What Will Be Different This Time?
Amidst a pandemic that is claiming Black lives at a staggering rate, in the midst of economic collapse that is threatening the survival of Black led-businesses and nonprofit organizations, we are once again surrounded by examples of a longstanding truth in this country: the systemic devaluing and dehumanizing of Black lives that leads to death, terror, grief, and despair.
George Floyd, Breonna Taylor, Tony McDade, Nina Pop, and Ahmaud Abrey deserve justice. Their names may be the most visible examples of anti-Black violence right now, but the reality and consequences of anti-Blackness run deeper than that. The answer to the question of how we got here spans the length of American history.
Black lives matter. Black women’s lives matter. Black trans lives matter.
That’s why people are showing up and rising up (risking their health in the midst of a pandemic) in Minneapolis, Oakland, Louisville, Denver, Los Angeles; in cities across the United States and around the world.
We reject narratives that focus on the destruction of property as a way to undermine righteous anger. We stand in solidarity with the activists and protesters demanding justice.
So what will be different this time?
Our calls for equity and justice will ring hollow if we can’t bring ourselves to talk seriously about anti-Blackness in our own spaces. We need to talk about how white people and non-Black people of color leverage institutional power at the expense of Black lives. We need to bear witness to a larger reality about the entanglement of white supremacy and policing.
White supremacist systems will not end until the people who benefit the most from the power and privilege created by these institutions actively work to take them apart.
In the words of Black Lives Matter co-founder Alicia Garza, “We gotta stop looking for easy answers and instead join the hard work [...] This is a marathon that no one wants to run.”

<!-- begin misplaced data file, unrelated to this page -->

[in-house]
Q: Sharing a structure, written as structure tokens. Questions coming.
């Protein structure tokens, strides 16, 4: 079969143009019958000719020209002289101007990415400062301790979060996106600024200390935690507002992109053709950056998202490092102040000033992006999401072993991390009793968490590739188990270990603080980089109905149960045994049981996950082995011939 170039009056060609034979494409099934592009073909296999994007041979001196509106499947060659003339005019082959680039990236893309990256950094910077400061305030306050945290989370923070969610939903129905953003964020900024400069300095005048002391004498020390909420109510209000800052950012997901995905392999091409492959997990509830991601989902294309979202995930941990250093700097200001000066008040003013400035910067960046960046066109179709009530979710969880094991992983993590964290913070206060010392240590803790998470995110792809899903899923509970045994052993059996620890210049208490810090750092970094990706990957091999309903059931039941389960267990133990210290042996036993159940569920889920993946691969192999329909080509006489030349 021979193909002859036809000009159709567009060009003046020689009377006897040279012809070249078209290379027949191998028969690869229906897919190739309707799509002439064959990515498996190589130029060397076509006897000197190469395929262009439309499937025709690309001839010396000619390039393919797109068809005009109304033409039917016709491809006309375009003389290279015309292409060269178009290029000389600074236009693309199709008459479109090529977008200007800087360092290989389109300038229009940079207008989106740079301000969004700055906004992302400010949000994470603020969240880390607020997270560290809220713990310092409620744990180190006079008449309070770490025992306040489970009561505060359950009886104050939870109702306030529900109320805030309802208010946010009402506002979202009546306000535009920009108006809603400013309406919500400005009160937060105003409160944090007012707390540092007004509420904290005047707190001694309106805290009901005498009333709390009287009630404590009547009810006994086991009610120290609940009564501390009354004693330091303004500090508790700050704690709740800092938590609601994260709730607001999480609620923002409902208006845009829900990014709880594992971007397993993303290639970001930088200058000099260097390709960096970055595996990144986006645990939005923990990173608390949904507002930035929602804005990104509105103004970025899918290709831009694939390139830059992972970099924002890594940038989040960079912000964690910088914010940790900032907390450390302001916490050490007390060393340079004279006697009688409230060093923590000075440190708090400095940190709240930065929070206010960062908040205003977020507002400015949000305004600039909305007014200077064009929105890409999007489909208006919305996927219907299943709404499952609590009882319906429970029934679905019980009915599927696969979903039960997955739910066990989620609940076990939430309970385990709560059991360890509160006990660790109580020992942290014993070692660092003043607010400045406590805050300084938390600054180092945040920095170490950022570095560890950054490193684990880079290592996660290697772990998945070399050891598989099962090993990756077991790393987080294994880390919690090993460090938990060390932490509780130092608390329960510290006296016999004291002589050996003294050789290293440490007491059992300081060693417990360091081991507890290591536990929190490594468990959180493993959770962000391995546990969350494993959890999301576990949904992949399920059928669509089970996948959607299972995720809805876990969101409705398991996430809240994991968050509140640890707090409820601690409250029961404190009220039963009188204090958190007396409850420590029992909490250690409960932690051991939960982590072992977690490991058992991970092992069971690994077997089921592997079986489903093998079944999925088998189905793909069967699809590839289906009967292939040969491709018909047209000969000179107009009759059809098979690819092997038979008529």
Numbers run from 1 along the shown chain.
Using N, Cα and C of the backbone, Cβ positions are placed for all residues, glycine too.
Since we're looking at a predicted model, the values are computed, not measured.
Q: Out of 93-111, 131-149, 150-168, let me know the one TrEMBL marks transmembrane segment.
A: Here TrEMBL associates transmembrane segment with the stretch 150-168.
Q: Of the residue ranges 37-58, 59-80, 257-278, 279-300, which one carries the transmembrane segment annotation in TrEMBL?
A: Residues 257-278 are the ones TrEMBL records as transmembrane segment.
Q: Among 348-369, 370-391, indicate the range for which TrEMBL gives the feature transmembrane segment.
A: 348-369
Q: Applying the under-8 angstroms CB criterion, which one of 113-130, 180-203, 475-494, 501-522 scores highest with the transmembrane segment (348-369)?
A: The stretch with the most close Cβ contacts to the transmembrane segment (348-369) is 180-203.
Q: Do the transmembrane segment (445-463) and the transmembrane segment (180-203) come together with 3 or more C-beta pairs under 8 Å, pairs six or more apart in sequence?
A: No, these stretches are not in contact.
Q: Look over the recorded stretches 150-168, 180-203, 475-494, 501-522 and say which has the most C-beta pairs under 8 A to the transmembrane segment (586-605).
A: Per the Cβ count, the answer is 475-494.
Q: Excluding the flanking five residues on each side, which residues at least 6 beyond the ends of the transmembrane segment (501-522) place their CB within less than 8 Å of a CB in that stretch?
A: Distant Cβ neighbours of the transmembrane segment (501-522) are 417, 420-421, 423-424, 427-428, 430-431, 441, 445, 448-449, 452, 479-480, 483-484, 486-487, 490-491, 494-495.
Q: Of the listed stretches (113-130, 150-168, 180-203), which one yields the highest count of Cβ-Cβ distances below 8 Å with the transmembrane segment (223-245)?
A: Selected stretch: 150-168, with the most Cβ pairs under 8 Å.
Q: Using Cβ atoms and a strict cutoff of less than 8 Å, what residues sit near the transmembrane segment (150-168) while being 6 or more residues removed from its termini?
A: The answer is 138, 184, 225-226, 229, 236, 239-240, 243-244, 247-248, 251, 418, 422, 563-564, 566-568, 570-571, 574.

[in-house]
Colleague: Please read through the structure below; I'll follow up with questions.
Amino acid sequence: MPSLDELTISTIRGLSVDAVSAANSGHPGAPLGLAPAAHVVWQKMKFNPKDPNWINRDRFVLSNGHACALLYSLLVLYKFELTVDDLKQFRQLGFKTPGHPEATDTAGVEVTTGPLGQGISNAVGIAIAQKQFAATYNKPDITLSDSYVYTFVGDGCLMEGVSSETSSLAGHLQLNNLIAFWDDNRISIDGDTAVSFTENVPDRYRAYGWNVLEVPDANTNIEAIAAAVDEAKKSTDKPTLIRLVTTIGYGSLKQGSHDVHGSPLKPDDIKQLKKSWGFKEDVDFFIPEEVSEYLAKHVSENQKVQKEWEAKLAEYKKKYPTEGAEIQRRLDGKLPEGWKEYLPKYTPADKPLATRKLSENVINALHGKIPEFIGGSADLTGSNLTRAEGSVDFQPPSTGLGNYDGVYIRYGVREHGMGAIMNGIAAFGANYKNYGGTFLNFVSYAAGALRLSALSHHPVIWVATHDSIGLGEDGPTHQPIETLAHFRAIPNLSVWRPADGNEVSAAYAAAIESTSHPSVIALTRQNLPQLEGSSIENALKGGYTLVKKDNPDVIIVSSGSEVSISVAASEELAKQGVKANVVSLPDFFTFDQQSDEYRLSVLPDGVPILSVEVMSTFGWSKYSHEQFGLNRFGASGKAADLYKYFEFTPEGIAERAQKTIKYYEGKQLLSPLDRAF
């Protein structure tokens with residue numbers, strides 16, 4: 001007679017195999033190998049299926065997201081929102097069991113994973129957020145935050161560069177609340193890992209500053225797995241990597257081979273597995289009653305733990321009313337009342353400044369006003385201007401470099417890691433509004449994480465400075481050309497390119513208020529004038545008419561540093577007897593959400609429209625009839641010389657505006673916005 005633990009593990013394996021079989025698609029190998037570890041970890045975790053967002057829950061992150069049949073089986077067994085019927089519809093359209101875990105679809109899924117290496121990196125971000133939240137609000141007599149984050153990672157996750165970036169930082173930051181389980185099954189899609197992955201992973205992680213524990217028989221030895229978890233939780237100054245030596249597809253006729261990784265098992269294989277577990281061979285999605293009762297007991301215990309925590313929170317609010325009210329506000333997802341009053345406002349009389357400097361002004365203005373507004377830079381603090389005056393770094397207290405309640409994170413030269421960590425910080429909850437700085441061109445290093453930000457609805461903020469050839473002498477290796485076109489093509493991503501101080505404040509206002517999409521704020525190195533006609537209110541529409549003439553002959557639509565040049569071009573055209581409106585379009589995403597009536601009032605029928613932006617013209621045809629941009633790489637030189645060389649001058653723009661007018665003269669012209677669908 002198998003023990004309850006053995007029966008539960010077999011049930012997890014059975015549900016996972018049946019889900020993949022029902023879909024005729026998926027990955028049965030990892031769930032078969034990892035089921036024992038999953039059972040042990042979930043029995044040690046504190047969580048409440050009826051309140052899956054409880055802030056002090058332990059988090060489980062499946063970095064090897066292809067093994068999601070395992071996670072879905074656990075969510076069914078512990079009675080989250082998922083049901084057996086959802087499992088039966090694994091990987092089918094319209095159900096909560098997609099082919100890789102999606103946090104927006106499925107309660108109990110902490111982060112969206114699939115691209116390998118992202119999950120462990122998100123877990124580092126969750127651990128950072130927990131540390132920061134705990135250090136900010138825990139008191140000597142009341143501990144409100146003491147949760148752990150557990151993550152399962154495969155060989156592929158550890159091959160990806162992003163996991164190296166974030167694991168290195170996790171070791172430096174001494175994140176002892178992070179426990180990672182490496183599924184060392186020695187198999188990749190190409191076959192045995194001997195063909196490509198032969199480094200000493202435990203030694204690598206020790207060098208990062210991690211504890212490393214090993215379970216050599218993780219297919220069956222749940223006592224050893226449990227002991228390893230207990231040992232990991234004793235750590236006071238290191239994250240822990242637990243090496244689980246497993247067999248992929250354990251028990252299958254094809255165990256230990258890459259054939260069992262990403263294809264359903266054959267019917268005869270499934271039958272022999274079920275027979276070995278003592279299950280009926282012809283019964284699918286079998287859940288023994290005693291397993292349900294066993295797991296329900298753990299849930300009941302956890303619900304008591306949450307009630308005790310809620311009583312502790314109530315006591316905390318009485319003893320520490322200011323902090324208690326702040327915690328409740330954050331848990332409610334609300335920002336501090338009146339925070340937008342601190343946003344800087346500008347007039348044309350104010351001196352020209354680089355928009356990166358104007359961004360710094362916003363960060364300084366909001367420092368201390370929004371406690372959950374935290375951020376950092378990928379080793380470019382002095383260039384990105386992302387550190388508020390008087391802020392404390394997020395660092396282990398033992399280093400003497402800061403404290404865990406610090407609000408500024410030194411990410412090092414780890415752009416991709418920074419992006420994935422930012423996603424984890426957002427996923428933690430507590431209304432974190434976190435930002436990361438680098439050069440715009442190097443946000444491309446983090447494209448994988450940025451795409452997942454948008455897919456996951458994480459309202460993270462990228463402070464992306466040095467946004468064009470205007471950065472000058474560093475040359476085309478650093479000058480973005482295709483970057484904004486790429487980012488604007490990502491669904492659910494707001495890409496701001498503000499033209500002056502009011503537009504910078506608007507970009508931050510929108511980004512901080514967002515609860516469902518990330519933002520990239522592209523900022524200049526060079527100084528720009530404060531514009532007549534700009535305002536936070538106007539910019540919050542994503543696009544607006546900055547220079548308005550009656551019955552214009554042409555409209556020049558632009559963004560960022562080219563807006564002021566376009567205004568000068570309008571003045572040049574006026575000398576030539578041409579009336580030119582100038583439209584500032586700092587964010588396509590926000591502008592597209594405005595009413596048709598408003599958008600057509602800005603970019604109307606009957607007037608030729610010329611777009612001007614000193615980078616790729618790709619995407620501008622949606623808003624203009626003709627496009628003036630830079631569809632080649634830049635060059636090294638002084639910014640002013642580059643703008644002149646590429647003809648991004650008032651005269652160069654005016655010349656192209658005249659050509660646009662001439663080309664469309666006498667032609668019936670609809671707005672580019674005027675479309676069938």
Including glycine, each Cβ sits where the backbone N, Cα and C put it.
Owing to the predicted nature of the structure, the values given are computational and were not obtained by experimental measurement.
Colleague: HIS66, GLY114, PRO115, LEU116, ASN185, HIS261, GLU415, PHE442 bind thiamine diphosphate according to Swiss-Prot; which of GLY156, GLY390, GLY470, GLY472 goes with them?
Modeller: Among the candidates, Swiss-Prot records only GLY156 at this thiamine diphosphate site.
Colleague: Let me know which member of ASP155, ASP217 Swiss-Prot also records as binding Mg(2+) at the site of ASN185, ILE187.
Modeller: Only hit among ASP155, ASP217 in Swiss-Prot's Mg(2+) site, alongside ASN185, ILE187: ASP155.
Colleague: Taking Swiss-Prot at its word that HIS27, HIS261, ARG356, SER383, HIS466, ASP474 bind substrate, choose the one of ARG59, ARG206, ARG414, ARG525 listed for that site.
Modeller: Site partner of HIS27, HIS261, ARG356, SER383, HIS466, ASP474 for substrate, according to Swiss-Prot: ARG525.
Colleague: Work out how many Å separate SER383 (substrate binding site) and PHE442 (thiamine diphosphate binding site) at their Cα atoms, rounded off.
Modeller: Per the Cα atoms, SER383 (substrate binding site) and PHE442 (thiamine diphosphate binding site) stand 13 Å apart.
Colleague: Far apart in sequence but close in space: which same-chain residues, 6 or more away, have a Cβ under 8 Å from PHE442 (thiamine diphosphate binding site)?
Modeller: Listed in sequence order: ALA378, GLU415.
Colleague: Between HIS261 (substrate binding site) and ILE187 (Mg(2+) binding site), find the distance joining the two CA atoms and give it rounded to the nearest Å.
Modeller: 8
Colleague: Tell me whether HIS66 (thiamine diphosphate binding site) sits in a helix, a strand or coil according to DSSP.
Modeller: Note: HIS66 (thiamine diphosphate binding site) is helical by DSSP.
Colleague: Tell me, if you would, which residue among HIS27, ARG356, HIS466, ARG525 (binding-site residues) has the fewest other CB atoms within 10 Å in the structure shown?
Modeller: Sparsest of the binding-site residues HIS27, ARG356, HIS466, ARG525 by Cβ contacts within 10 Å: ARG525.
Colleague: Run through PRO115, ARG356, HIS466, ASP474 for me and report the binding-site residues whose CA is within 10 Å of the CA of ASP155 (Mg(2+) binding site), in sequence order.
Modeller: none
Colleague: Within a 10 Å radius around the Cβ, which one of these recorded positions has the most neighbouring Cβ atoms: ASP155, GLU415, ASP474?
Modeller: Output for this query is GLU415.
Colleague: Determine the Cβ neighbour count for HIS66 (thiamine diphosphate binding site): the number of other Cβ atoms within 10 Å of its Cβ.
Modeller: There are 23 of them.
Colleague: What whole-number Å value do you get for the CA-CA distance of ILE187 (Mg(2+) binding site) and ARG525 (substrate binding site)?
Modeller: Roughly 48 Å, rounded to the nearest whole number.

Many of us are working remotely through an indefinite shelter-in-place order. How can we connect with each other for healing and accountability during this time?
How are we using our platforms to shift narratives around anti-Blackness? How are we amplifying Black voices speaking out on these issues?
How are we mobilizing resources through donations to frontline groups? Foundations: how are you shifting grantmaking now to meet this moment and stand with Black leadership?
We want to leave you with some resources to explore and share, but not without reminding ourselves and everyone else that there are no simple solutions and no easy ‘outs’ here. Beyond statements, we all need to commit ourselves to action. At the end of the day, we are talking about dismantling a racist political and social order so deep and pervasive that it touches every aspect of our lives.
Committing to shifting these institutions means being in it for the long haul. Anti-racism is a lifelong commitment. Beyond learning and awareness, what action will you take? What will you do? What will be different this time?
The CompassPoint Team
Organizations and fundraisers to follow, amplify, and support:
- Anti Police-Terror Project
Black Earth Farms (working to deliver free food to Black folks that have been arrested, bailed, injured, or traumatized during Oakland uprisings)
- Black Visions Collective
- Campaign Zero
- Critical Resistance
- Go Fund Me for George Floyd’s Family
I Run With Maud Fundraiser
- In Memory of Tony McDade
- Justice for Breonna Taylor
- People’s Breakfast Oakland
- Showing Up for Racial Justice
Readings and resources:
26 Ways to Be In Struggle Beyond the Streets by multiple collaborators
for George Floyd: fire by adrienne maree brown
The Pandemic is the Right Time to Defund the Police by Melissa Gira Grant, The New Republic
Op-Ed: Kareem Abdul-Jabbar: Don’t understand the protests? What you’re seeing is people pushed to the edge by Kareem Abdul-Jabbar, Los Angeles Times
Pushing Back Against Habits of White Supremacy in a Crisis by Kad Smith, CompassPoint